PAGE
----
Roberts compared the excellent behaviour by England fans in Russia with those back home. “This is in stark contrast to the fans out in Russia, whose behaviour, apart from a couple of minor incidents, has been great,” he said.

Police resources are stretched because of increased demand, a situation exacerbated by the warm weather and a big mobilisation for Donald Trump’s visit to the UK.

“There is absolutely no excuse for this type of senseless behaviour. Emergency services resources are already stretched,” said Roberts.

“We want people to celebrate and enjoy themselves, but not at the expense of law-abiding fans and emergency services’ resources.”

World Cups and major football tournaments can lead to spikes in some types of criminal offending.

Across England and Wales, there have been 1,086 football-related incidents since the tournament began in mid-June, with 226 domestic abuse-related incidents and 230 arrests.

England play Croatia on Wednesday evening, with police on the alert for any further trouble.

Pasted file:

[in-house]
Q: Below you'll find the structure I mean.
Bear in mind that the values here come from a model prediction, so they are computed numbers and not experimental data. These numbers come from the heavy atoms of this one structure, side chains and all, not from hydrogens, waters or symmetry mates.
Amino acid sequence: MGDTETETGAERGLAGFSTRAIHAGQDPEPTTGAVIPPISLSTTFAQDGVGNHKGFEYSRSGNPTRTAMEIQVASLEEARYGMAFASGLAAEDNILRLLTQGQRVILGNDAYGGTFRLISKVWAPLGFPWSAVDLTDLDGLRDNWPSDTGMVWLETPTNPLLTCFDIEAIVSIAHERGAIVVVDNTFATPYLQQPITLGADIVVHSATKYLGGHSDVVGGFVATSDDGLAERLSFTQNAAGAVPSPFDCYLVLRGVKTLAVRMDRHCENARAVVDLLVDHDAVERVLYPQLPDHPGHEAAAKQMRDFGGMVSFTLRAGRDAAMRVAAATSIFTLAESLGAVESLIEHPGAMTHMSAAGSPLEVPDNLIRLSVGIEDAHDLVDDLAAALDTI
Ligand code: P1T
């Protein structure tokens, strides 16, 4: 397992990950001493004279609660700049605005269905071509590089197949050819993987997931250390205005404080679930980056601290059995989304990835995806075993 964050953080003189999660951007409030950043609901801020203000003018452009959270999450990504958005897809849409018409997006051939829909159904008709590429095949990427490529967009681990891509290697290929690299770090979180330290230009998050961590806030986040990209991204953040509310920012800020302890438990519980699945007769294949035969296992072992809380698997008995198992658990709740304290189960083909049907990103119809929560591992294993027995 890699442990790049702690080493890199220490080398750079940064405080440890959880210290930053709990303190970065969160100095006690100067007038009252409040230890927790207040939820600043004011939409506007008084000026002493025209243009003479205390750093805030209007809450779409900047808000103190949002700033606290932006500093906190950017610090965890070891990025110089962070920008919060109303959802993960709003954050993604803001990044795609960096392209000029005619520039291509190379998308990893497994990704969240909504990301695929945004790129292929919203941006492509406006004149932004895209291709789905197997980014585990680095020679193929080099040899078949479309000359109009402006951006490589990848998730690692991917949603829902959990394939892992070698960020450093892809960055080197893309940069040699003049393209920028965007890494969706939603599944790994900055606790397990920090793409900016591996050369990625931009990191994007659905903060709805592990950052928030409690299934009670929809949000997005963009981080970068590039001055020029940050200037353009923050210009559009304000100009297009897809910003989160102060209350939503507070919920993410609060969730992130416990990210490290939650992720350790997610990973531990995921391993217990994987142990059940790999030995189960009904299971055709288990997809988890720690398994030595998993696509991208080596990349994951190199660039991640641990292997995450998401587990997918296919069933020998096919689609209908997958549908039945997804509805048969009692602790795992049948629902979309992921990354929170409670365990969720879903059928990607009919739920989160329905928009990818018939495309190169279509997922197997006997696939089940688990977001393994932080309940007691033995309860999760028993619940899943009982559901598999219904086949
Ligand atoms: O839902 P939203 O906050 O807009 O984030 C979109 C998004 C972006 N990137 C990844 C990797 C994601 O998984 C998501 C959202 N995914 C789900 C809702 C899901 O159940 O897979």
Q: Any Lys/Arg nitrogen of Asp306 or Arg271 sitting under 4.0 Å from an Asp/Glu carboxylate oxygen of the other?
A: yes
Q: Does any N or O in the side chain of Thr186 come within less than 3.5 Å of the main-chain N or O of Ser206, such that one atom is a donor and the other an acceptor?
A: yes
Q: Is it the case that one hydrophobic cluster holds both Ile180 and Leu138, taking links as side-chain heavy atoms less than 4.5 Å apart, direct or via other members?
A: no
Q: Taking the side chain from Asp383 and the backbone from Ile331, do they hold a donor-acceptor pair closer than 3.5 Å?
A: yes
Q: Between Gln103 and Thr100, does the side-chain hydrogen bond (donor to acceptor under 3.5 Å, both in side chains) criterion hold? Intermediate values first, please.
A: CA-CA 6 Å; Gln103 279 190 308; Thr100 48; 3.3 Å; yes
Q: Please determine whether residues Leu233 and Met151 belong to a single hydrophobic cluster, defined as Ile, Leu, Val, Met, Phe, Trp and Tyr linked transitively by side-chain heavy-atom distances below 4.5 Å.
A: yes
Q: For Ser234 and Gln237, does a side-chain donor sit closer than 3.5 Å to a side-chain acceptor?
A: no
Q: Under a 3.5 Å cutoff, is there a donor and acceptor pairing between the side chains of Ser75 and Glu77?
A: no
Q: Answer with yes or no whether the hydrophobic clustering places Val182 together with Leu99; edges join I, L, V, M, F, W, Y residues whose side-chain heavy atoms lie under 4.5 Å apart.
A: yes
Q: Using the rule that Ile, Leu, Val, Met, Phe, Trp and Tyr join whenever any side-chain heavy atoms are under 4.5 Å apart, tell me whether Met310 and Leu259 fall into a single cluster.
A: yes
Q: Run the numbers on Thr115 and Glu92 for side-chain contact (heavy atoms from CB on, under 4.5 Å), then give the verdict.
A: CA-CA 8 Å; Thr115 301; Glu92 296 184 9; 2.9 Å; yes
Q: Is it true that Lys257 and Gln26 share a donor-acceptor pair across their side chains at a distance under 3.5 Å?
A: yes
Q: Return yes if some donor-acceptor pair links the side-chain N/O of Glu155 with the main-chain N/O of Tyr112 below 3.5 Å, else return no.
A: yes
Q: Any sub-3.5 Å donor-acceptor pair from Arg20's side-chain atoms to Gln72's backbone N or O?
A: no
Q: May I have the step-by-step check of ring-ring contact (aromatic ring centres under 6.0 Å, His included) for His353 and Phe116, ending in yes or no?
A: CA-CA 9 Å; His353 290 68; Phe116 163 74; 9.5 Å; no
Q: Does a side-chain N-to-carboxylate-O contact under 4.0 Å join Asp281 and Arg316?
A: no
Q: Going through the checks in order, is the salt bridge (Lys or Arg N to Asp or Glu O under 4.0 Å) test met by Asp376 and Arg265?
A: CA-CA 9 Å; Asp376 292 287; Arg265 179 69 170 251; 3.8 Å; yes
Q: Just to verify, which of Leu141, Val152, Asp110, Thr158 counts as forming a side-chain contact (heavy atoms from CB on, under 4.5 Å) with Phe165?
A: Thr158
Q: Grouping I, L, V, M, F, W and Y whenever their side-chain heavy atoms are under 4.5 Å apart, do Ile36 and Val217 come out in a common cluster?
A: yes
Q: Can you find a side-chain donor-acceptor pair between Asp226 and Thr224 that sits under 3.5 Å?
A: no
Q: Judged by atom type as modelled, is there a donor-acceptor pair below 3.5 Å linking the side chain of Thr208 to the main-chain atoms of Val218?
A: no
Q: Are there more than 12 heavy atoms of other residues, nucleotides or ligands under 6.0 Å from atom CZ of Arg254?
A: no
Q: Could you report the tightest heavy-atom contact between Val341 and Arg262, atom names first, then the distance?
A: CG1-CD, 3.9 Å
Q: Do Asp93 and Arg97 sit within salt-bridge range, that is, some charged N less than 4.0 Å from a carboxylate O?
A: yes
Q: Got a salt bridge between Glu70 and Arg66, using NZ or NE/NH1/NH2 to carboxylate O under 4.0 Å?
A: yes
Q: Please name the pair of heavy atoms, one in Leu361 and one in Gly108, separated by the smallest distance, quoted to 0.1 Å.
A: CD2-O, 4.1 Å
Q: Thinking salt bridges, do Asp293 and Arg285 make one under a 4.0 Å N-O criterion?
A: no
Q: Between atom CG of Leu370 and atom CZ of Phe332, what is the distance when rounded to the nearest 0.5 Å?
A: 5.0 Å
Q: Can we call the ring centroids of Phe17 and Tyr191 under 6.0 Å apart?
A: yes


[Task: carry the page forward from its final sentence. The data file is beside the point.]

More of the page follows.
guardian.co.uk © Guardian News & Media Limited 2010

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Israel says it has conducted ‘wide-ranging’ air strikes against Hamas

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Israeli aircraft and tanks hit targets across the Gaza Strip Friday after shots were fired at troops on the border, the army said, with Hamas reporting three members of its military wing killed.

An army statement said shots were fired at troops during renewed protests along the Gaza-Israel frontier and “in response, (Israeli) aircraft and tanks targeted military targets throughout the Gaza Strip.”

The IDF says its warplanes have carried out ‘wide-ranging’ air strikes against Hamas targets in Gaza, in response to the earlier gunfire.

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US Secretary of State Pompeo demands “full enforcement of sanctions” on North Korea

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U.S. Secretary of State Mike Pompeo told United Nations Security Council envoys on Friday that there needs to be “concrete actions” by North Korea before an easing of sanctions on Pyongyang can be discussed, said Dutch U.N. Ambassador Karel van Oosterom.

“The secretary made very clear we need concrete deeds, concrete actions and only then we can start the discussion,” van Oosterom told reporters after Pompeo informally briefed envoys from the 15-member council, Japan and South Korea behind closed doors at the South Korea U.N. mission.